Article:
June 2017 saw us moving from Tacoma to Cle Elum, WA. We had been in Tacoma since 1984 but when we sold the life raft service side of our business in 2017 there was no need to remain where we had been for 33 years. Little did I know that moving to Cle Elum would ignite my memory back to the mid 70’s.
At that time I was working for a marine supply company. We sold everything from toilets to fishing gear. There was lots of rope (bought it by the rail car load), chain and even footwear. We sold slip on shoes commonly referred to as “Romeos” that were made by the Currin-Greene Shoe Company. My wife thought they were ¡UGLY!
Fast forward to 2018. We have moved to Cle Elum and learned that Romeos are the footwear of choice. Although I am sure many small towns say the same, here Romeos are called Cle Elum Wingtips. Most likely every man has a pair, or several, at his disposal (they make women’s Romeos too).
Along comes a newsletter from a local vendor titled “The Unofficially Interesting History of Romeos” That got me thinking about the shoes I had sold years before. A bit of research dredged up an article on the Currin-Green company who were sold in 1978 to McKenzie & Adams. They too seem to have been sold and the new owners have quit making Romeos.
So now my wife still hasn’t changed her mind on the looks of Romeos. They are classified in the “comfortable” part of my wardrobe (read UGLY) but I am allowed to wear them. Otherwise how would we ever be able to go out to a formal occasion where Cle Elum Wingtips are required footwear?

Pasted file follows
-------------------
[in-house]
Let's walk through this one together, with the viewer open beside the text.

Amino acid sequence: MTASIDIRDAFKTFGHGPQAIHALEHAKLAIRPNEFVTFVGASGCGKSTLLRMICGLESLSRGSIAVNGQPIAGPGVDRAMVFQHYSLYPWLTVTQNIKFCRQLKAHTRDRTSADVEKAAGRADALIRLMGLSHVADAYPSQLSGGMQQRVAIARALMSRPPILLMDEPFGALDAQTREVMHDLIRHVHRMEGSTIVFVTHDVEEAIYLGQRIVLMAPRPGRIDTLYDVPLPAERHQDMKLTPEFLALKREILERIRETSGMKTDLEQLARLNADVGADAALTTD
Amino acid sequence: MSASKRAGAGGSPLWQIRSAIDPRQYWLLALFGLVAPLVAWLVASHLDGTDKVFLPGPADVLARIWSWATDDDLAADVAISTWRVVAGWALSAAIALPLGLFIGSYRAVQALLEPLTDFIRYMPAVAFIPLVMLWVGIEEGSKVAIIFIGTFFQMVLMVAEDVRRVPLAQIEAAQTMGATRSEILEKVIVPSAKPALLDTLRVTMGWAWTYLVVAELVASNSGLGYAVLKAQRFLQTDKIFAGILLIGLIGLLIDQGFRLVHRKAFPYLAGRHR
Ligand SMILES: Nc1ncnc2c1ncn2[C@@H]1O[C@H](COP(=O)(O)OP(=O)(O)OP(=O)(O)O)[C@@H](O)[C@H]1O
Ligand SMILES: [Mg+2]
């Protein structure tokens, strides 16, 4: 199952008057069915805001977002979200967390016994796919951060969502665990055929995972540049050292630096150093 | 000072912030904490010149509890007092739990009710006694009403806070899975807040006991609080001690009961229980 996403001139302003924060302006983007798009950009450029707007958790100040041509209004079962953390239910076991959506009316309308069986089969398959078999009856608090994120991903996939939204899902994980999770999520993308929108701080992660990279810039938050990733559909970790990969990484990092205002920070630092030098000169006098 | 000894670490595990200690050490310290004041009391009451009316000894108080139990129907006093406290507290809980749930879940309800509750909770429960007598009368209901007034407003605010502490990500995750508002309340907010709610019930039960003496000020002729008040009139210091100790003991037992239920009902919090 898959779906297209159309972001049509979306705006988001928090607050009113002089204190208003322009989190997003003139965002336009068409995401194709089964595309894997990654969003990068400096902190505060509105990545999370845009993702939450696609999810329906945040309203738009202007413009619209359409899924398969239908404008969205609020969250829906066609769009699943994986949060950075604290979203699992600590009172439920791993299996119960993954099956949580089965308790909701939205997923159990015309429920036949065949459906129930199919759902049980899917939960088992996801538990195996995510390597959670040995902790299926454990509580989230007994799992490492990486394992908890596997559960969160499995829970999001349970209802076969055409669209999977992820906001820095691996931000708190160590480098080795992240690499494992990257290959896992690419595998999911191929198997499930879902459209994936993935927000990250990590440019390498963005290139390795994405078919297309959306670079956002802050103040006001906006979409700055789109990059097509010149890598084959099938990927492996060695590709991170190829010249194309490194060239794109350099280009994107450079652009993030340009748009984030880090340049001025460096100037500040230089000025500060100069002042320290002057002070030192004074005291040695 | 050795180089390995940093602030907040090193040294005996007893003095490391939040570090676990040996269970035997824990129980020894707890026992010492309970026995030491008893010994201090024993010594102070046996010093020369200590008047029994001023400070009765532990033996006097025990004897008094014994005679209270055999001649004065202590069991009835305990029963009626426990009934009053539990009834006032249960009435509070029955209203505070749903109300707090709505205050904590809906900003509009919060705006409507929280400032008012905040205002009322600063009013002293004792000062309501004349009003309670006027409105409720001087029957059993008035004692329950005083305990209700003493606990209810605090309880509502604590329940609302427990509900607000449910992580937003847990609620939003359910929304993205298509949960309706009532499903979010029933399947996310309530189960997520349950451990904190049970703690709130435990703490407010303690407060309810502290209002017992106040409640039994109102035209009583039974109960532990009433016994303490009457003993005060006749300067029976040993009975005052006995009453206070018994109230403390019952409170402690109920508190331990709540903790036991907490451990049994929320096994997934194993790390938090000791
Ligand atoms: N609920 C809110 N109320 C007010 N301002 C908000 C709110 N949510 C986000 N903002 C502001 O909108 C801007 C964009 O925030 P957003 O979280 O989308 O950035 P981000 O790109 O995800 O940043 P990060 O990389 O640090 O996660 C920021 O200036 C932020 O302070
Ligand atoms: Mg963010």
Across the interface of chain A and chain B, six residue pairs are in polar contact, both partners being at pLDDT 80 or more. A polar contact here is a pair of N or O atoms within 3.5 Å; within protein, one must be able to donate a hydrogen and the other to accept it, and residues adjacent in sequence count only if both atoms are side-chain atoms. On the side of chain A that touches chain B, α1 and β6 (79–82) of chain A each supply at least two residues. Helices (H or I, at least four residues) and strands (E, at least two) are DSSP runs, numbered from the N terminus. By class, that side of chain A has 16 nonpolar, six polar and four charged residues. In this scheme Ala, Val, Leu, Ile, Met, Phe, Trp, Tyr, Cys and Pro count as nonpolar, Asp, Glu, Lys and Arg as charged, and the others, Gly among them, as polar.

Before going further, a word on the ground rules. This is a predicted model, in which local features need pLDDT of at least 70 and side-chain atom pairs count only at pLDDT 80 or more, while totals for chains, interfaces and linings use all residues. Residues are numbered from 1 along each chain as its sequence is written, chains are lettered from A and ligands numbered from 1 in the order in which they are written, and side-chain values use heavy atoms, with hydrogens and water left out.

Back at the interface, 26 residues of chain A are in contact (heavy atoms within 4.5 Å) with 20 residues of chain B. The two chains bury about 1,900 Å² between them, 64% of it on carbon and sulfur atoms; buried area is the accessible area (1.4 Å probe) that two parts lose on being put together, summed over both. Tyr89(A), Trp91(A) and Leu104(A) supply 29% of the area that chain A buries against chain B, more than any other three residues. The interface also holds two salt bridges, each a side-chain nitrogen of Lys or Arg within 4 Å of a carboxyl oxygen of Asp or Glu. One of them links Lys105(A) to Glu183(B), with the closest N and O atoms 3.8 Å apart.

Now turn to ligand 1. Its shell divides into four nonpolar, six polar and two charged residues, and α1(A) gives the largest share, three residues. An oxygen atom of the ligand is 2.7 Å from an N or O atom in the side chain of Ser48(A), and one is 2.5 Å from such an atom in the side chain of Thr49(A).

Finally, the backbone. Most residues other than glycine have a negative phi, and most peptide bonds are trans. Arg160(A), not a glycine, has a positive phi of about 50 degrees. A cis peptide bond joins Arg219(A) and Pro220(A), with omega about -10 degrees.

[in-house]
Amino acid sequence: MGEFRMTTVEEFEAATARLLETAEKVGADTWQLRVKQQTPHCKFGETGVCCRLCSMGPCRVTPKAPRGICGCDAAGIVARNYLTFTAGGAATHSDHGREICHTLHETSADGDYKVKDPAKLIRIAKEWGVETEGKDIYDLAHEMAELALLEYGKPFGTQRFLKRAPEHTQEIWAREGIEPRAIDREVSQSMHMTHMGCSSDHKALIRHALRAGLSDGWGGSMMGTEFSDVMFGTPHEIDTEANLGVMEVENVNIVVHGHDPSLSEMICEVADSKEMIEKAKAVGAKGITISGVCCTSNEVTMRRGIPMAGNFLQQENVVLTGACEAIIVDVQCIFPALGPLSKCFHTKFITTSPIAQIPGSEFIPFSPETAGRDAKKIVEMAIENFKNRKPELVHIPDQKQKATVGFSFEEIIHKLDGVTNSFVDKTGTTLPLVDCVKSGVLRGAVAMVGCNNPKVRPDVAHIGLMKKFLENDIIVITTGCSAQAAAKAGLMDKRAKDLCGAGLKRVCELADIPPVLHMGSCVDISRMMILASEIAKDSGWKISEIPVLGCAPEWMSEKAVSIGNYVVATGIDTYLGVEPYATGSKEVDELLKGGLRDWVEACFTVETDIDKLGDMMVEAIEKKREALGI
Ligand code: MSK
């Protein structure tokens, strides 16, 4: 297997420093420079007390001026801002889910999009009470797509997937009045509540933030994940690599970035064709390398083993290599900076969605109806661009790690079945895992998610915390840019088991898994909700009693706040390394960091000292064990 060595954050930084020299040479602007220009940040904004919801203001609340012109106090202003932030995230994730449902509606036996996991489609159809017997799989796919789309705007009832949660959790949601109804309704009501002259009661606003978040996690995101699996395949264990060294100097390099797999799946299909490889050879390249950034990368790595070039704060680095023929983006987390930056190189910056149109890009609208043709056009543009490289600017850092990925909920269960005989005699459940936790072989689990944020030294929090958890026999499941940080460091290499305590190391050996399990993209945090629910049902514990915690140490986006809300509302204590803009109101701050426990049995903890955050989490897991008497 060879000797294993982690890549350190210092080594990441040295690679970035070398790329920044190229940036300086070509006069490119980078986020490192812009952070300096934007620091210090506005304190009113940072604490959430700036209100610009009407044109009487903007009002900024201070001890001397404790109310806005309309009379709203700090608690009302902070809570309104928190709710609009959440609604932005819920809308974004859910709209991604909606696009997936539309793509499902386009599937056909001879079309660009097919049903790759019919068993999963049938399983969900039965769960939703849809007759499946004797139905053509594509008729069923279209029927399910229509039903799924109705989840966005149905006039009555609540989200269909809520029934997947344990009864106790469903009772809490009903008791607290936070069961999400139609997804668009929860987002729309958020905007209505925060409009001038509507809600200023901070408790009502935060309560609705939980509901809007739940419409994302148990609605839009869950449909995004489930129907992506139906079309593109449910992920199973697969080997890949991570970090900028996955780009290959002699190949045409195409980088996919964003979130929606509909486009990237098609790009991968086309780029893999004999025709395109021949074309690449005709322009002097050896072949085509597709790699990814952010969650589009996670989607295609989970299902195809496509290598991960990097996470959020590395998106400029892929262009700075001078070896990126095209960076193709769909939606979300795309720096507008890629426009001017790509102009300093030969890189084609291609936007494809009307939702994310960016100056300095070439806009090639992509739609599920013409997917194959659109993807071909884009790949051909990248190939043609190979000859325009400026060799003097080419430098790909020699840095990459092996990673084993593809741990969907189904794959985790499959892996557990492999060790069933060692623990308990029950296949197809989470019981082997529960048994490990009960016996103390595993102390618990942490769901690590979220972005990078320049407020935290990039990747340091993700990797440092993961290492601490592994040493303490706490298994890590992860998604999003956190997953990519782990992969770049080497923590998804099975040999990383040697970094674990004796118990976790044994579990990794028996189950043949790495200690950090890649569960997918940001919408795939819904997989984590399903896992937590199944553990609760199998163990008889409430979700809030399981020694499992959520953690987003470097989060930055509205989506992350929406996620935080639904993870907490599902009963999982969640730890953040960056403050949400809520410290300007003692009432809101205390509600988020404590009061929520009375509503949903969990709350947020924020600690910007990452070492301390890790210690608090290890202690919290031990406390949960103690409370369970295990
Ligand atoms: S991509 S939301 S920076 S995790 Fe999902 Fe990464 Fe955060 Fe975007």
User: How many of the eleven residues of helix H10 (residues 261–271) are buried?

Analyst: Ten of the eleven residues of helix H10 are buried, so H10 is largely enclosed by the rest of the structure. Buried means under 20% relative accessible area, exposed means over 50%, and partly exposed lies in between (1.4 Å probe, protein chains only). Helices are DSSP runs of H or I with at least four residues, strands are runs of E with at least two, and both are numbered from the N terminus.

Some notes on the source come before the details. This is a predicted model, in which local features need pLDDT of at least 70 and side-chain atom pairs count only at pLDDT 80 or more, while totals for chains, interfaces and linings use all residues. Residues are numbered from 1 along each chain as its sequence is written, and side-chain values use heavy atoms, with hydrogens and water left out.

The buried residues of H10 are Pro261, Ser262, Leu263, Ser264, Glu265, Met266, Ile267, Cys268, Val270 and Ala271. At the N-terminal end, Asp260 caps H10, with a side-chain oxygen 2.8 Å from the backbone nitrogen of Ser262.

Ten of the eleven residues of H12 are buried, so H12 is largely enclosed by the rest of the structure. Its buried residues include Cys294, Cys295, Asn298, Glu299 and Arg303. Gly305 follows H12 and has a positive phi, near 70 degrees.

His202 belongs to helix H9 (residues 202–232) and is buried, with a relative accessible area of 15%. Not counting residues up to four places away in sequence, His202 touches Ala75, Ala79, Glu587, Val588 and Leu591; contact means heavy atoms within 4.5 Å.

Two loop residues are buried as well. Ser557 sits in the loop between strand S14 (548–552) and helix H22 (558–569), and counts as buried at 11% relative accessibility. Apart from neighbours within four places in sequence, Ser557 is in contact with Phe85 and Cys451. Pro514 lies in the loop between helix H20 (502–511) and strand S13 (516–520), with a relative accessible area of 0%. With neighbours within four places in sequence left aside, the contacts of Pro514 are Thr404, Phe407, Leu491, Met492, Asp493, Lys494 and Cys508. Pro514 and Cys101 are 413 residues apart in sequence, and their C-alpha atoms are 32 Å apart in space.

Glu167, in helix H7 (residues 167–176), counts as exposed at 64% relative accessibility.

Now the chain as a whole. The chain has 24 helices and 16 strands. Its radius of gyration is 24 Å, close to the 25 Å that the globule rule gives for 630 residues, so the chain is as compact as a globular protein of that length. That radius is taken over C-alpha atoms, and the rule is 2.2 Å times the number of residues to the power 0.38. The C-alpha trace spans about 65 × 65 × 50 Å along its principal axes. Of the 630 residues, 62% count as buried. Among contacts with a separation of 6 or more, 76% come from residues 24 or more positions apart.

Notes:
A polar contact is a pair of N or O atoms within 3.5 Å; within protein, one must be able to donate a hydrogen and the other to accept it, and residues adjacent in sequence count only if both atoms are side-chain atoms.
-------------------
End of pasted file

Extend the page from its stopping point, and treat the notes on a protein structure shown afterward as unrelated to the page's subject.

They still come in brown and black. One hardly ever sees black Romeos in public.
Two sole configurations are available- “wedge” which I find works great in dry weather, it doesn’t track dust into the house, and a slip resistant sole which is my choice in the winter.
Polish seems to be optional. Sweep them off with a broom once in a while and treat the leather so it stays soft. There are some that have a high polished pair for going to town but it isn’t often you see them.
Don’t expect your feet to stay dry if it is wet or snowy out. That is why they are great, just slip them off and don the proper footwear be it rubber boots or Sorel’s in the winter.
They are not a substitute for dress shoes when in Seattle. Then again why would one want to leave Cle Elum?
They are rugged. I get several years out of each pair. They take a while to break in so it is smart to have your next pair on hand so that you can break them in slowly (and save your feet). The pair in the picture above were purchased in 2014 and are finally in need of replacement.
Most mornings I read the Scuttlebutt Sailing News. Today it took me on a trip down memory lane. The Sailing News has a section titled “Crumudgeon’s Observation” and today’s was:
“SHOT OF WHISKEY: In the old west a .45 cartridge for a six-gun cost 12 cents, so did a glass of whiskey. If a cowhand was low on cash he would often give the bartender a cartridge in exchange for a drink. This became known as a “shot” of whiskey.”
This sounds like a great story but Snopes.com claims it isn’t true.
Now on to memory lane. My father always used to call 25¢, 2 bits. The 12¢ in the shot of whiskey story got me thinking about the usage of the term “bit” so a bit of investigating online showed that 2 bits was a common term for 25¢.
So what did I learn this morning?